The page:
[Bioclusters] Which Sun Grid Engine?

Michael James Michael.James at csiro.au
Thu Aug 17 02:21:20 EDT 2006

On Thu, 17 Aug 2006 03:04 pm, Bernard Li wrote:

> You can get official support from Sun
> if you purchase Sun N1 Grid Engine.
> "Sun Grid Engine" is the open source version.
> As far as I know they are working off the same tree,
> and even some previously proprietary things
> like Windows execution hosts,
> accounting are now freely downloadable (not open source though).      

"Official Support" phooey.
"Windows execution hosts" even more phooey.

However  "Accounting"  Oh yes please!
I lost hair and sleep over that confounded "accounting" file.
Eventually restored sanity with a perl script
 that put the entries in order by month
 and weeded out the half that were dead jobs
 with no resource usage attached ...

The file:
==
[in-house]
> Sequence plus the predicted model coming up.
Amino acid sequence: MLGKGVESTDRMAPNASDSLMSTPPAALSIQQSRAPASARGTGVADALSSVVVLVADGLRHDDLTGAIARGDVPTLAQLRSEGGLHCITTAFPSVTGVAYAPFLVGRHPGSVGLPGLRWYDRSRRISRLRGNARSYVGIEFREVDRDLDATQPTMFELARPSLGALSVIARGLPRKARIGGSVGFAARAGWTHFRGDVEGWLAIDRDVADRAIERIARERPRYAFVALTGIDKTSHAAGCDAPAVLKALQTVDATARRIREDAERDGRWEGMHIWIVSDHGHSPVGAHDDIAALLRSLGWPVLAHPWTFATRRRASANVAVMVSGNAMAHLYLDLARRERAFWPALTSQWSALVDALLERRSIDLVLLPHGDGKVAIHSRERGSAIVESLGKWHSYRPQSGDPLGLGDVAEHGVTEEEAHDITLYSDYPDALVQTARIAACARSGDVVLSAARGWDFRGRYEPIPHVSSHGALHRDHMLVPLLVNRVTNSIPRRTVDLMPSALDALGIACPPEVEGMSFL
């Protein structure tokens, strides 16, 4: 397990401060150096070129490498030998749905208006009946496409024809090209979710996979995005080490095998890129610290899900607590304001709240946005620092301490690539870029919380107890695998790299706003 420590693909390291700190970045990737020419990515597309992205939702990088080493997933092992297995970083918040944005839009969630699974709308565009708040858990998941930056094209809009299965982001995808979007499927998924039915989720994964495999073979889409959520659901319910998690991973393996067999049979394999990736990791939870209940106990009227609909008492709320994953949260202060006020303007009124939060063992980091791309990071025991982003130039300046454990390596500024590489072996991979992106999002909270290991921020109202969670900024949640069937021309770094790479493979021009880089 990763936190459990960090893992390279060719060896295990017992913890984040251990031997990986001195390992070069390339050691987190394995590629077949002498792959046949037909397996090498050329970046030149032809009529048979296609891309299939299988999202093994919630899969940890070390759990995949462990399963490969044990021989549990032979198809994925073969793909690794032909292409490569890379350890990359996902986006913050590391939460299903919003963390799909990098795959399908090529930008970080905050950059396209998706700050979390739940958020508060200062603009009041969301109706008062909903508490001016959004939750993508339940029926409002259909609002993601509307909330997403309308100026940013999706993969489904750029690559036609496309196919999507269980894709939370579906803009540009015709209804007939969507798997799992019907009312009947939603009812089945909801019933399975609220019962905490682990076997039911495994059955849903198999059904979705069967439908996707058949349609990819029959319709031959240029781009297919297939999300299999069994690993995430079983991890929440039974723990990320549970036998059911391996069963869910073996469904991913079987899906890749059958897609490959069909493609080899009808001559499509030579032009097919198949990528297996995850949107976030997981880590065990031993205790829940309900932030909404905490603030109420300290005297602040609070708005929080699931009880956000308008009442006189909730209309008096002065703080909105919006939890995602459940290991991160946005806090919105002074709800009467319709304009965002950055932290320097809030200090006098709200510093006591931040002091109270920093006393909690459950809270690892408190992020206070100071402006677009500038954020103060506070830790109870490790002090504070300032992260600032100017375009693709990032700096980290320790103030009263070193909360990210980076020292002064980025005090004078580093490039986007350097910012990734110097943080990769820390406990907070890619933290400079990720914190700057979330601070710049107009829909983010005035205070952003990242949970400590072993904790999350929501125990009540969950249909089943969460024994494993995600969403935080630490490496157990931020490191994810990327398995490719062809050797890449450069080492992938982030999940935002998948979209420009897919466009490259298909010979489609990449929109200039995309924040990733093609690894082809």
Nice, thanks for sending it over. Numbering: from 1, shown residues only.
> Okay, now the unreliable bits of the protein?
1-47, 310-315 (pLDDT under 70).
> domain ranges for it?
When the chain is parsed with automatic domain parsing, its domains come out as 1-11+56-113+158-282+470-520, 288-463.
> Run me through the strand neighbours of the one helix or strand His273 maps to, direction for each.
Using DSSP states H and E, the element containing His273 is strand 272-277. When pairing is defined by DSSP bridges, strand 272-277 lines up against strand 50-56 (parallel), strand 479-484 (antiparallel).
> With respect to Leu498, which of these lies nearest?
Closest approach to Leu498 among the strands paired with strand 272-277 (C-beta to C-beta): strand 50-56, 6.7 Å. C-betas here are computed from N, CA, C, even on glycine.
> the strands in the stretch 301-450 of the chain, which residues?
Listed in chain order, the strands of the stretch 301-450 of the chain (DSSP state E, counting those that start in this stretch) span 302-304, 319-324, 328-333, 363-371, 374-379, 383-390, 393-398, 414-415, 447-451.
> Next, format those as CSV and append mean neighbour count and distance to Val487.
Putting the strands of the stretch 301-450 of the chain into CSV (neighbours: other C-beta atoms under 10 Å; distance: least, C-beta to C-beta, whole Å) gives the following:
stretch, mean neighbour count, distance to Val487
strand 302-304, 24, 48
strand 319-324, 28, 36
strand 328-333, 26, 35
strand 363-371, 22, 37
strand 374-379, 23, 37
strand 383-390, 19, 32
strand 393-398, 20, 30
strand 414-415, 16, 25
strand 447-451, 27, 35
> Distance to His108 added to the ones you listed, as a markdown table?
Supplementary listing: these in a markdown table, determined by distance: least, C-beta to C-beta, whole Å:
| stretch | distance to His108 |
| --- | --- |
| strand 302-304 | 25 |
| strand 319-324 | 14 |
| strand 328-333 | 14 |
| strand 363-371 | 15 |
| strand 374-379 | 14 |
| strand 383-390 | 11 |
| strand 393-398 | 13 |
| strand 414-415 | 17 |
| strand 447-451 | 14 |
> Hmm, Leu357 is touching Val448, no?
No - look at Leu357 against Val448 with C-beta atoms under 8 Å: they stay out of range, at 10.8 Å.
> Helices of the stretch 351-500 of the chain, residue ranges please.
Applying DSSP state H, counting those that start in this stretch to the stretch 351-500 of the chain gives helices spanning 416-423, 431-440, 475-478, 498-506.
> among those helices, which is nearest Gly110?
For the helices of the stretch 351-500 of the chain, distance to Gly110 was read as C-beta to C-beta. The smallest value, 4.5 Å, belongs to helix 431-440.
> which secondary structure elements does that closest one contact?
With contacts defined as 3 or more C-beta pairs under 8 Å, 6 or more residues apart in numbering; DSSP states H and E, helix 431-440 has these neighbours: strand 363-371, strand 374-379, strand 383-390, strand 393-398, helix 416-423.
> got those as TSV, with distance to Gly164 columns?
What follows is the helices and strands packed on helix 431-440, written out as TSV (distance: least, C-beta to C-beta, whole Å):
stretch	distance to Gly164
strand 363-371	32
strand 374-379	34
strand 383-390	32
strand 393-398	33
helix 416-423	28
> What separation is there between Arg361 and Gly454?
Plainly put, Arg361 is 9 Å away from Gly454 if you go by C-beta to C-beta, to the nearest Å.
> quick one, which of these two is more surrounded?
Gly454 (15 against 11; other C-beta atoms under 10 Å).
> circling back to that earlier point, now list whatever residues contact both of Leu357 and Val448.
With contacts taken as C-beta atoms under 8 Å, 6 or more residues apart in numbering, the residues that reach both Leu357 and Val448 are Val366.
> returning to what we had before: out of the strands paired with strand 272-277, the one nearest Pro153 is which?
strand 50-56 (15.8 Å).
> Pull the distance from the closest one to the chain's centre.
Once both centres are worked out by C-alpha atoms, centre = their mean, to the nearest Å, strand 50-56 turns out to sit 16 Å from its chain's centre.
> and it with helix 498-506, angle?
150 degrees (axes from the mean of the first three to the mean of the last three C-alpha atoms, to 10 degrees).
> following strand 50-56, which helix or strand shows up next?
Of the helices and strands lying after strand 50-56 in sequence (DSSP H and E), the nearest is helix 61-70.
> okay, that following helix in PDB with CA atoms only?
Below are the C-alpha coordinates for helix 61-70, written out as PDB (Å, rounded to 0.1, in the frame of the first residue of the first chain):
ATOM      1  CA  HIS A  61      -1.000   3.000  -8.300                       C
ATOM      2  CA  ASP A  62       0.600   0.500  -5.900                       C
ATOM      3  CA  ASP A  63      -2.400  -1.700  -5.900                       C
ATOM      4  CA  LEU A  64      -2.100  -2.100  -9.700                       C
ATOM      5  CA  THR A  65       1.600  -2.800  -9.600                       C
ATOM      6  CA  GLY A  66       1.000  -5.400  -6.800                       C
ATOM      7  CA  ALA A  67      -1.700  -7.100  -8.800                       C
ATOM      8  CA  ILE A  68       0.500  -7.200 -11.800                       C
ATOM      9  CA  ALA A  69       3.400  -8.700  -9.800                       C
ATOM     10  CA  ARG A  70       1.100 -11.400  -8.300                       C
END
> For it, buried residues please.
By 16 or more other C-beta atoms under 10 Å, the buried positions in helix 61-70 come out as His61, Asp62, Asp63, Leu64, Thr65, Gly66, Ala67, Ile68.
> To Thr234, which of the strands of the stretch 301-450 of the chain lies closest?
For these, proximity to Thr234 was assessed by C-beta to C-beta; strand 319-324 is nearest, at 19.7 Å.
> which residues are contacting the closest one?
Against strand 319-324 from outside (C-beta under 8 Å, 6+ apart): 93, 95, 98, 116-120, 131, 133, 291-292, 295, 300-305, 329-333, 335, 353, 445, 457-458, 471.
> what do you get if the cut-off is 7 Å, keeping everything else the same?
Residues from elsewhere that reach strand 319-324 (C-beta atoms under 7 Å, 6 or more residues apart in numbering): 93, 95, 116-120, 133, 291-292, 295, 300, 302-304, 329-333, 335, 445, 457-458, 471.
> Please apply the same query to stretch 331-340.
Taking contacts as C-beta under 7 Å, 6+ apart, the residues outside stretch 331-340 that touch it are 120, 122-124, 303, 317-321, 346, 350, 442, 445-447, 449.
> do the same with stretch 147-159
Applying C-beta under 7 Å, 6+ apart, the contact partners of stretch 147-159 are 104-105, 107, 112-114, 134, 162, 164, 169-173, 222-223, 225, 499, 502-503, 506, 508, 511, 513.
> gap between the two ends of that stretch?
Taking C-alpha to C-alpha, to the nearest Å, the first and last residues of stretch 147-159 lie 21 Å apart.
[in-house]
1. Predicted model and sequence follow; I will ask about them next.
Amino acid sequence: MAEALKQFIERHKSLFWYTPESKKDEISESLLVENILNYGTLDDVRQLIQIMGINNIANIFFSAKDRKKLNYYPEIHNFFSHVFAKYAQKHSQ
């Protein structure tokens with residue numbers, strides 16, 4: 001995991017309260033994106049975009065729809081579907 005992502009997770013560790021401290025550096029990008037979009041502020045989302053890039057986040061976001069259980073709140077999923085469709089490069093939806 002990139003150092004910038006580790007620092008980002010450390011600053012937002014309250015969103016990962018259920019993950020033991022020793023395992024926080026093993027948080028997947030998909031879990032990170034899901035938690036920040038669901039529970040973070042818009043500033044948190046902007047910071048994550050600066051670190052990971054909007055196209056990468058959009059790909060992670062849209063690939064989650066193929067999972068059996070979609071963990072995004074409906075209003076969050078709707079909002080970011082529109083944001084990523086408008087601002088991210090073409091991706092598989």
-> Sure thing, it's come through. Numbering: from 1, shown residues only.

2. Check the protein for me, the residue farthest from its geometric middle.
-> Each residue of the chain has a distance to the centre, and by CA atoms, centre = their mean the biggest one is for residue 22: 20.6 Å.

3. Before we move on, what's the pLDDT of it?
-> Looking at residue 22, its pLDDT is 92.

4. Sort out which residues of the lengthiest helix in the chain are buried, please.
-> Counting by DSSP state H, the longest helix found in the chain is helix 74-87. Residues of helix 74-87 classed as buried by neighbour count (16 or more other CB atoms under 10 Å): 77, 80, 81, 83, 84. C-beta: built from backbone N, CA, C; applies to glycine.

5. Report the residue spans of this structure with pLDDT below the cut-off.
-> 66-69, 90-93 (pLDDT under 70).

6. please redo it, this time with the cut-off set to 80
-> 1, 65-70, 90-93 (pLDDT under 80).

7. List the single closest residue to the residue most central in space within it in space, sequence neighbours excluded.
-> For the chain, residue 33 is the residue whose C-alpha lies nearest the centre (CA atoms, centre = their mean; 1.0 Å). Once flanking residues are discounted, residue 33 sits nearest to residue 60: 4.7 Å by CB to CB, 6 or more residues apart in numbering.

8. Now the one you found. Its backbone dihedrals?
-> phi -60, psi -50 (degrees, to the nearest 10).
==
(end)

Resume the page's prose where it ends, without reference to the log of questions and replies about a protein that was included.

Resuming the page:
> The users at gridengine.sunsource.net mailing
> is extremely high traffic, so you usually get
> pretty good support for questions.  

Thanks, I'll have a look.

> In terms of upgrade -
> I suppose they have some upgrade scripts,
> but 5.x is fundamentally different from 6...  

Our cluster is simple enough (66 identical nodes)
 that we can re-build that from scratch.

More difficult is any adjustment to the calling scripts,
 the batchblast script that cuts a concatenated fasta file
 into single sequences, and issues the qsub -t  command

And then there's grocking the underlying paradigm;
 in sge5.3 the queue is something that describes a computing resource
 in sge6 (I believe) a queue characterises a job.

So in 6 you submit a job to a queue ("urgent", "batch", etc)
 whereupon it takes on that queue's characteristics.
In 5 it was the job of the scheduling system to decide
 which computing resource (also called a queue)
 should process a given job
 based solely on the flags in the qsub command.

Thanks again,

Michael James                         michael.james at csiro.au
System Administrator                    voice:  02 6246 5040
CSIRO Bioinformatics Facility             fax:  02 6246 5166

No matter how much you pay for software,
 you always get less than you hoped.
Unless you pay nothing, then you get more.

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